Streamer Fly Fishing

Dry fly fishing is one of the most exciting styles of fly fishing because you actually see the trout come up out of its hiding place to eat your fly. It can be one of the most exciting things to see when fishing—and what typically gets newcomers coming back again and again.


Welcome to the streamer fly fishing segment of our beginner tutorials.  

So, what is streamer fly fishing?

Streamer fishing is the closest thing in fly fishing to what most fishermen start out with—lure fishing. Like lures, streamers imitate smaller fish, bait fish, scallops, and other common aquatic life such as leeches or crayfish. Streamer fishing is exciting because you are constantly moving, retrieving your line, and covering lots of water. It is also exciting because when a trout hits your streamer, it feels like a bull is pulling on the other side of the line.  

Let’s discuss the rod setup for a streamer rig.

Because streamers do carry a little more weight than a nymph or a dry fly, you might want to look into a 6 or 7 weight rod, if you don’t already have one. A heavier rod will make casting easier and send the streamer out to greater distances. If you don’t have a 6 or 7 weight rod, don’t worry; you can still whip out streamers with whatever rod you have on hand.

You might be asking, what type of line do I need for streamer fishing? If your rod comes with a floating line it will work just fine, but if you’re really getting into streamer fishing and are trying to reach deeper depths such as deep pools in still water, you might want to invest in a sinking tip line. These lines are weighted on the end to bring the leader and fly down to deeper depths faster so you can reach those larger trout lurking in the depths.

This line setup is going to be different than our dryfly or nymph rig setup. You will want a 4x or stronger leader about 4 to 5 feet off your line. There are some streamer leaders on the market that have micro swivels on one end that you can attach additional heavy tipet . Then attach the streamer to the end of your leader by using the Improved Clinch Knot or the Non-Slip Loop Knot. After you have tied on your fly, give a little tug to make sure that your knot is good and the fly does not immediately break off. Then make sure to debarb the hook by crimping the barbs down with your fishing pliers. This will make it easier to remove the fly after you have landed a MONSTER!

Now that your rod is set up, let’s discuss the best time to streamer fish. Streamers can be a good selection if the water is murky or off-color, like if it has rained recently and the water is not as clear as it would be on any other given day. When water levels are high from runoff, that’s another good time to use streamers.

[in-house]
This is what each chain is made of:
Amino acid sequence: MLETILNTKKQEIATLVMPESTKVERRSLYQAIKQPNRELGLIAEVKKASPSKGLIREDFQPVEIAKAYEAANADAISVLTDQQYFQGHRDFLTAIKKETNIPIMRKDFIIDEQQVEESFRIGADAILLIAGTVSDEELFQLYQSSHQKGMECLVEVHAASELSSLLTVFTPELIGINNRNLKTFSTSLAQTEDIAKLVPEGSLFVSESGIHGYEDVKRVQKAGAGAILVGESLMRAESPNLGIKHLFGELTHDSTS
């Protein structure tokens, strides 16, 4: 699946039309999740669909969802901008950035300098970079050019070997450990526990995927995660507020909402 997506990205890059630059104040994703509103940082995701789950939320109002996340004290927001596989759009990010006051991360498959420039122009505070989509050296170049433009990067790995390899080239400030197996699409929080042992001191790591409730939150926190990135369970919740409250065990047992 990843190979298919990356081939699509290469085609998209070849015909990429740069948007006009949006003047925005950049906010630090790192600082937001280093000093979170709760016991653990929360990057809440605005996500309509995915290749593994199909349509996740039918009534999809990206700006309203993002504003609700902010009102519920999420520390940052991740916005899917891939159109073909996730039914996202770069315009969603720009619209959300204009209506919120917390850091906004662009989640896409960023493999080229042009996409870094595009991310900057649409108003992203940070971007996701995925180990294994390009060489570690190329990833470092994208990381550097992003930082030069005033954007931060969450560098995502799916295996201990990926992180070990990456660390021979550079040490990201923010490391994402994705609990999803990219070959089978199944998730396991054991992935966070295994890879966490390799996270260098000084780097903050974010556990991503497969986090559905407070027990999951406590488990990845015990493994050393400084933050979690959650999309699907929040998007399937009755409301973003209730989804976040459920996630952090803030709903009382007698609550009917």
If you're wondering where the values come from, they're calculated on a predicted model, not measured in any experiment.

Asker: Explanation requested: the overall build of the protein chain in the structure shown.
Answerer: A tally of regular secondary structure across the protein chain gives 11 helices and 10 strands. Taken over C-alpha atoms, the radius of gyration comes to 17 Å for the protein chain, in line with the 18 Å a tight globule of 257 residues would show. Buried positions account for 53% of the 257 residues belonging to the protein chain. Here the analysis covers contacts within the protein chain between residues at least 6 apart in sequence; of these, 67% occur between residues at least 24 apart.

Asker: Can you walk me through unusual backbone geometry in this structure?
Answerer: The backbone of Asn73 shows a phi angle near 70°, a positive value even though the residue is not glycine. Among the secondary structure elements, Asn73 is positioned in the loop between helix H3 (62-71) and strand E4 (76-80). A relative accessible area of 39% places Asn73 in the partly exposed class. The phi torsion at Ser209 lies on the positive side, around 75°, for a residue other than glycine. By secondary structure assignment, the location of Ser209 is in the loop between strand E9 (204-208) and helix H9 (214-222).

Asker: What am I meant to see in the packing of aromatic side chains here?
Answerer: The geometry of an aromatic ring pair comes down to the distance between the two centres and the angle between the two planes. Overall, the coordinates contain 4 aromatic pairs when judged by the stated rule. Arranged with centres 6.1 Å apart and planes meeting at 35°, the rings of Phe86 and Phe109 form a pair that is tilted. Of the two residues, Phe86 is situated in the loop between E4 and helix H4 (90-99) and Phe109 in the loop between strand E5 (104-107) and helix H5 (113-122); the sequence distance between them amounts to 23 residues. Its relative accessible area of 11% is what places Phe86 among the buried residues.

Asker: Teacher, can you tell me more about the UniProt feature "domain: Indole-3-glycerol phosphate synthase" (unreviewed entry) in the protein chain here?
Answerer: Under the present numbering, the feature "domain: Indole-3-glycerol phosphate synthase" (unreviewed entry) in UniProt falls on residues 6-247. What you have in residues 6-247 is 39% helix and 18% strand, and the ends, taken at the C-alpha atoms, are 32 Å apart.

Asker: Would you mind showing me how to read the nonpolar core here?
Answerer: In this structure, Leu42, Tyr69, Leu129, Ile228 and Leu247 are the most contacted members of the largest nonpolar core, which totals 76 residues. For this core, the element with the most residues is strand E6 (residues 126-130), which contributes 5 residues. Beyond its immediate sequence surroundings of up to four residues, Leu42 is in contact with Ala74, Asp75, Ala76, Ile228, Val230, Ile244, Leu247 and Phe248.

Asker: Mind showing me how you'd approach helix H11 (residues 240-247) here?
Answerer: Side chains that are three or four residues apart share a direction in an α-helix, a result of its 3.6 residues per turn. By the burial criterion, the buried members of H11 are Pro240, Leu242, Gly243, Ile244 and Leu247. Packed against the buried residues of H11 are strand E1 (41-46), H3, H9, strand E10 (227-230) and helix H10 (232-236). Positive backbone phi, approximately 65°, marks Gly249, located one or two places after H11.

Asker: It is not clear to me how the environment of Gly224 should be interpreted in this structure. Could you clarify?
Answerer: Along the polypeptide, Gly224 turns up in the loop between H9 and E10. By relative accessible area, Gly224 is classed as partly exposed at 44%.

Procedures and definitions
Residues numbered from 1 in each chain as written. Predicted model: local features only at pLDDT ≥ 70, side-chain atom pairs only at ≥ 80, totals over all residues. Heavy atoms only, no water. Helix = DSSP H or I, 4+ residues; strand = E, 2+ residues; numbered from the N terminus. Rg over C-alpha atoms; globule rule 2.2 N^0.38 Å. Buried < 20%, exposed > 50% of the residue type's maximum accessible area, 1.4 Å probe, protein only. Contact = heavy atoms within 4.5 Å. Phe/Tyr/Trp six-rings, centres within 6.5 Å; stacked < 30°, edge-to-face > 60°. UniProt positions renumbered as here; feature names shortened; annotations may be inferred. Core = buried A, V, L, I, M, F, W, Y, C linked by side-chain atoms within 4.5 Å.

Streamers are also great options to use when fishing off a boat, because they cover a lot of water. With the added weight, they can be cast much farther away than you would be able to cast with a dry fly or nymph rig set up.

Because streamers are fished on an active retrieve (which we will show you a little bit later), you also don’t have to worry about a dead drift presentation or perfect placement like you would with a dry fly.

Where is the best location to use streamers?

Pretty much everywhere. Because you can cover large amounts of water quickly, you can use streamers in just about any area that holds trout. We will go into greater detail on stocking trout in future lessons, but for now, just remember that there is no wrong place for streamers.

Now we are all set up and ready to hit the water. Let’s first discuss using streamers on moving water. Unlike with dry fly fishing and nymphing where you are casting 3/4 upstream, you will want to cast a streamer directly across-stream. Start retrieving the line with the opposite hand of your casting hand, in 6- to 8-inch intervals.

This represents a small bait fish that might have been spooked from its hiding place and is making a run for it. Because trout are territorial, if a streamer comes into the view of a hungry trout, you’re almost guaranteed to get a hit. The 6-inch retrieval is a great way to get started with streaming, but it’s not the only way to fish streamers.

Try changing up your retrieve—two fast retrieves with a pause, then three fast retrieves with a pause. Fish, like most living things, do not move in a consistent manner, so making your retrieves as realistic in movement as possible will make your streamer more appealing to the MONSTER TROUT!

Another approach is a dead drift with a swing. Cast across-stream and then hold your line tight. Mend your line slightly upstream and let the streamer swing around and rise to the surface. As soon as you get the hang of the streamer in the water and your retrieve rates, try changing up your angle on the water. Cast downstream and retrieve it back to you. Or if you are using a sculpin pattern, cast upstream and retrieve as it depends. Sculpin typically swim downstream when frightened.

While streamer fishing, make sure you pause during the last few strips of the line before picking it up to cast again. Trout will sometimes chase your streamer across an entire river waiting for the prime opportunity to take a meal.

So, how do you use streamers on still water?

You’ll use a streamer on still water in the same way you would on moving water, except you’ll want to give the streamer a little more time to sink before starting your retrieve. Look for areas where you can cast to opposite banks or to obstructions such as inlets, beaver dams, or foliage. Change up your retrieve until you find a combination that lands you that MONSTER TROUT!